Malcolm Turnbull has called to make maths and science compulsory subjects for graduating high schoolers, in an effort to reverse the steep decline in Aussies dropping these oh-so-important STEM subjects.

Speaking in Western Sydney on Sunday, Turnbull said that we’d gone backwards in that area, and that in *his* day, you had to study maths or science to graduate.

“It’s one of the areas we’ve gone backwards, actually,” he said. “In my generation, you had to do maths or science to complete high school. Many parts of Australia now, you don’t have to do that.”

“We’ve got to get back to that and ensure that everyone is very literate in those STEM subjects. Science, maths, technology – that’s the future.”

As a nation, we’ve spent the last decade and a half dropping maths as soon as is humanly possible.

The number of students taking Advanced Maths dropped from 30.6% in 2003 to 14.20% in 2013, while the number of students dropping maths in Year 11 altogether rose from 4.8% to 15.6% over the same time period.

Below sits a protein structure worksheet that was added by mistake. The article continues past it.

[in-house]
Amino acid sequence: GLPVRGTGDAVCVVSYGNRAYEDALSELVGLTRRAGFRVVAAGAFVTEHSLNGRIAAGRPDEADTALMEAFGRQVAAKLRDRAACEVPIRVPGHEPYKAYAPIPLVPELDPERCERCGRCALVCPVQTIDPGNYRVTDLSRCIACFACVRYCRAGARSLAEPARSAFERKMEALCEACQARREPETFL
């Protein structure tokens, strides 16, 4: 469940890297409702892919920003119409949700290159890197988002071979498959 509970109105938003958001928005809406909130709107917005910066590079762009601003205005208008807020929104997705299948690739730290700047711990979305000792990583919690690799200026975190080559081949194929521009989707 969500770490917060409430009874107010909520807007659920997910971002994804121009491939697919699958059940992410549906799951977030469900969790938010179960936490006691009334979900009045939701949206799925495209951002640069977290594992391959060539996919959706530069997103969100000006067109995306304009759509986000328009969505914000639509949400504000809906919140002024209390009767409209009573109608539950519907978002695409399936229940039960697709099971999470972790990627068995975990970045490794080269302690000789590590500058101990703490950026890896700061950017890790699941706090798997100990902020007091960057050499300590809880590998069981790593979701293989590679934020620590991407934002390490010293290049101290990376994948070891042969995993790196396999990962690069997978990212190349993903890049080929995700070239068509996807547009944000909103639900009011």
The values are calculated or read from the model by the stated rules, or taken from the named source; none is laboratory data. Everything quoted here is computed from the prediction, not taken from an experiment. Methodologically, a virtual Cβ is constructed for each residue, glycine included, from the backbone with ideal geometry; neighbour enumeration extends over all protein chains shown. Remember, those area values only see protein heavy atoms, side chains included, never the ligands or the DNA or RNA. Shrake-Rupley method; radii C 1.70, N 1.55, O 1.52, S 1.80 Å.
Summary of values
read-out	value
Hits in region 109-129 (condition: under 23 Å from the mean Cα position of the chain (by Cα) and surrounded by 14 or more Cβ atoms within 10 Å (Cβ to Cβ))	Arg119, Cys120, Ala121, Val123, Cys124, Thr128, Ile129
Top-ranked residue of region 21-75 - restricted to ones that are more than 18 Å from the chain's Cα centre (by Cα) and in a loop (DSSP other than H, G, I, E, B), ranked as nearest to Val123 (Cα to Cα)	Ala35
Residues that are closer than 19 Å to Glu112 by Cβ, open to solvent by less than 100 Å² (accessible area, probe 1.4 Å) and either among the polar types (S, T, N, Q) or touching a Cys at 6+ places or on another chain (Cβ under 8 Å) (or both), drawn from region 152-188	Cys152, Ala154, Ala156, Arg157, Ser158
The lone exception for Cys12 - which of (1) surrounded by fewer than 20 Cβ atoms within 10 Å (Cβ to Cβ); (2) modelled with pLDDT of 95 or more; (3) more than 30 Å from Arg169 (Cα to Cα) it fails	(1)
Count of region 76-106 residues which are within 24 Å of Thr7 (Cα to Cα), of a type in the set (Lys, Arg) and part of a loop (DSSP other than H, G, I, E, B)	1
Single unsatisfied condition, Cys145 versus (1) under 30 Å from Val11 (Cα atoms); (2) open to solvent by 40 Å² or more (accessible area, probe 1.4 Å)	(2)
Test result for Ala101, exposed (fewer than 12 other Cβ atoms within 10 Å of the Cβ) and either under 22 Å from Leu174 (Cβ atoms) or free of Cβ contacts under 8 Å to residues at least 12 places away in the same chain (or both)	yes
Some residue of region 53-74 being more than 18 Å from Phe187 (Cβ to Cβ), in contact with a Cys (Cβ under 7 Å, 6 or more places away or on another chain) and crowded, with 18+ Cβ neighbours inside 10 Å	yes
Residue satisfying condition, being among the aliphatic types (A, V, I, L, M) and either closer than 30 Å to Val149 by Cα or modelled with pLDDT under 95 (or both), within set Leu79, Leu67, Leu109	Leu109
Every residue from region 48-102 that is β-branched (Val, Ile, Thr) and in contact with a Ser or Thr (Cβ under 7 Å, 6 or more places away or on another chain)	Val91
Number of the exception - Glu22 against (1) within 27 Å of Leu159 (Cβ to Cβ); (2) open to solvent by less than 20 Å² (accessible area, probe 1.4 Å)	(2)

But right now, maths is having a moment. Last year saw both the University of Sydney make it a prerequisite for 62 of its courses, and Education Minister Christopher Pyne attempted to make maths or science a compulsory Year 12 subject (the states rejected his plan).

“Maths underpins just about everything – from the technology in your smartphone to the banking and financial systems that support our economy to how we measure and predict our health,” said Professor Nalini Joshi, Chair of the National Committee for Mathematical Sciences at Usyd, when announcing the uni’s new focus on maths.

“Maths is also the cornerstone of all scientific endeavour – so if we are training new scientists without a good understanding of maths, Australian science will soon be in trouble.”

Source: The Australian.

Photo: The Simpsons.